From the St Andrew's Daily Missal
The Septuagesima season forms a remote preparation for Easter and Lent a proximate one; its last two weeks known as Passiontide, being an immediate preparation for the Feast.
The celebrations and ceremonies of the last week, known as the Great Week or Holy Week, have their origin in the Church at Jerusalem. There, with the Holy Gospels in hand, the Christians would follow their Redeemer step by step, piously gathering on the very spot precious souvenirs of the most solemn among all events, that which marked the close of His mortal life.
These celebrations, at first local in character, were adopted into the liturgy at Rome, where the very churches were planned in such a manner, us to make it possible to carry out the offices of Holy Week in the way that had been customary at Jerusalem. The last three days are called the Sacred Triduum. During this fortnight the Church suppresses the psalm Judica and in several instances the Gloria Patri also, since these had no place in the ancient Liturgy. Moreover, she veils all pictures and statues.
With regard to this, certainly devotion to the saints should yield before the great work of Redemption, but when it is observed that the crucifix itself is veiled, we see here a trace of the custom which obtained of suspending a curtain between the sanctuary and the nave, during the whole of Lent. In those times public penitents who had been excluded from the Church could not enter it again until Holy Thursday, and when this custom was abolished, all Christians were more or less placed in the position of such penitents. Although no sentence of exclusion was pronounced against them, the sanctuary and all that took place there was hidden from them, to show that they could only merit the share in Eucharistic worship given them in their Easter Communion, after they had brought forth fruits worthy of penance.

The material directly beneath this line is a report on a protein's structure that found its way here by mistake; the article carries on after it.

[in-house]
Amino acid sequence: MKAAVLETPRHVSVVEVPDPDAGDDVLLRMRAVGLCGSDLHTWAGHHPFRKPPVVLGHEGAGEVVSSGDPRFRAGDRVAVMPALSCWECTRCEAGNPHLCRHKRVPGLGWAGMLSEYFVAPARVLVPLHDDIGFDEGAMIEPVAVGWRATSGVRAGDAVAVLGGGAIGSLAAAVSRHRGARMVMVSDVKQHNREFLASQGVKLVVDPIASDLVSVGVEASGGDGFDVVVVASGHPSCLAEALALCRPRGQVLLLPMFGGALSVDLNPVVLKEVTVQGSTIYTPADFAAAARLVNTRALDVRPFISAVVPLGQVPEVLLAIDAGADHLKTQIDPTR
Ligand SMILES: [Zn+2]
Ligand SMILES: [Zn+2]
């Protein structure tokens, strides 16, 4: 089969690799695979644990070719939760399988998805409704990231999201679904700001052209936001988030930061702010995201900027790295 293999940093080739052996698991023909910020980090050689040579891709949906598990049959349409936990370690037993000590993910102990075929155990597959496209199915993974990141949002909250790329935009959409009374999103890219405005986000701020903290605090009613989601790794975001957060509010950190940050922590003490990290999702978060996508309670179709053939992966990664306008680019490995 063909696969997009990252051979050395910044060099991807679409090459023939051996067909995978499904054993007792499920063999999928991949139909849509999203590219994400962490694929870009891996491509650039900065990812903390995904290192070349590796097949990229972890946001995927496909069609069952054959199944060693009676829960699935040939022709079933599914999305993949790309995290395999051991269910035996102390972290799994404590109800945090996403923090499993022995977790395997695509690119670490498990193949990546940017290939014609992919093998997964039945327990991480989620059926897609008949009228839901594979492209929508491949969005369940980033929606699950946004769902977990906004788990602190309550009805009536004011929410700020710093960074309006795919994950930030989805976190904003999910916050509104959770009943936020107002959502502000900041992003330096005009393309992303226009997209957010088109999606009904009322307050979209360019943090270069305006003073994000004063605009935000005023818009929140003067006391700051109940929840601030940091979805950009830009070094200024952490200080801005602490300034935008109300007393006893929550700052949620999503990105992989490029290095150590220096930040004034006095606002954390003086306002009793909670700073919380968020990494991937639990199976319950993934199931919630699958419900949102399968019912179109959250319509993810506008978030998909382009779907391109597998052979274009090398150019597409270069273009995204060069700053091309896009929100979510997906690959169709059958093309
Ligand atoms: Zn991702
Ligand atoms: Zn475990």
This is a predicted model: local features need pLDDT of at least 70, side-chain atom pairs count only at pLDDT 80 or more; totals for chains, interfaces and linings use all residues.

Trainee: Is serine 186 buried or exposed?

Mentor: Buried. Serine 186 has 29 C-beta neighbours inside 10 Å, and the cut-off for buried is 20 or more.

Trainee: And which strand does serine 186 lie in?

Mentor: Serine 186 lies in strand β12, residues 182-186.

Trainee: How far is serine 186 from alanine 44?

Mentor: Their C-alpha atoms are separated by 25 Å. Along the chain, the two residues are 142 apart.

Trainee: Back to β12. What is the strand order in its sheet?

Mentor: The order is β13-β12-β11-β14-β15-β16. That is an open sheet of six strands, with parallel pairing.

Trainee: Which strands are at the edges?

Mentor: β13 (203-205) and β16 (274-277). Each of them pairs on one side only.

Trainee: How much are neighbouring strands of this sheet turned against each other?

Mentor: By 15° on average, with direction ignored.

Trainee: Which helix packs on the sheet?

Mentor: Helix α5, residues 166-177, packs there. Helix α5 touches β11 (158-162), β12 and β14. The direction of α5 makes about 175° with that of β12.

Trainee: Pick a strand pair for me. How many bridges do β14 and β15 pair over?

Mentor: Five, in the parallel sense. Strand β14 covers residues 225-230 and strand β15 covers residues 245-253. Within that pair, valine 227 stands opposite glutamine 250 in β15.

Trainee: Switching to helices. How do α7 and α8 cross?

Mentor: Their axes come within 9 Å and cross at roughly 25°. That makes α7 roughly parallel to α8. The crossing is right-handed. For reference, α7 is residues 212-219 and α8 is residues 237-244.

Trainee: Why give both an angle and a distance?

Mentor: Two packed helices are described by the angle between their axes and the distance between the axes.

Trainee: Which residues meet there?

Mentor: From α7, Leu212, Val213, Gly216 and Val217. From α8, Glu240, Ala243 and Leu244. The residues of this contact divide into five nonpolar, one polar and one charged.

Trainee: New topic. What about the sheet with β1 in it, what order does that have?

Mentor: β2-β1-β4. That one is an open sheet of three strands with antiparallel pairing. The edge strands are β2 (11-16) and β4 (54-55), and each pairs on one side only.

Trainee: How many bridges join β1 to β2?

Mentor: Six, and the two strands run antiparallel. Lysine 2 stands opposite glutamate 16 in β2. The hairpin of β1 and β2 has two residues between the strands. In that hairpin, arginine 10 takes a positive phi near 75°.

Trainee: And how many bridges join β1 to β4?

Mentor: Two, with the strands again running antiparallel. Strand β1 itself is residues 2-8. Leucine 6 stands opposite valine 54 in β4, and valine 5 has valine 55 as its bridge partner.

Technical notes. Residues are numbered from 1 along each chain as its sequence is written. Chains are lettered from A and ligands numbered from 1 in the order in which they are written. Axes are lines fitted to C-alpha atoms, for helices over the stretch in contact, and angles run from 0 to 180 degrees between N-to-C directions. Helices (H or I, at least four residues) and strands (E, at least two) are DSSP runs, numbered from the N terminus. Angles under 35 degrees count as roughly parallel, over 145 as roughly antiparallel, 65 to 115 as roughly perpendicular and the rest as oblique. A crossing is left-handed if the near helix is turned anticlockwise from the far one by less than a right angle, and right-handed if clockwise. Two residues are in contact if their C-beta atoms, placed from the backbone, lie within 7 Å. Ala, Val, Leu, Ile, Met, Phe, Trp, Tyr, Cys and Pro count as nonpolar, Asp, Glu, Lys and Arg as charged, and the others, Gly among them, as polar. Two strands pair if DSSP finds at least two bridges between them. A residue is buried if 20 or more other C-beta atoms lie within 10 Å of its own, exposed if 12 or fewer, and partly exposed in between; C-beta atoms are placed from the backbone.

Finally, by stripping the altars and silencing all bells and organs on Holy Thursday, Good Friday and Holy Saturday, the Church gives expression to the grief which she feels at the memory of the death of her divine Spouse.
Note: The St Andrew's Daily Missal, 1945 edition - probably the best Latin-English handmissal ever - has been reprinted by St Bonaventure Press. Every traditional Catholic home should have one! http://www.libers.com/sam.htm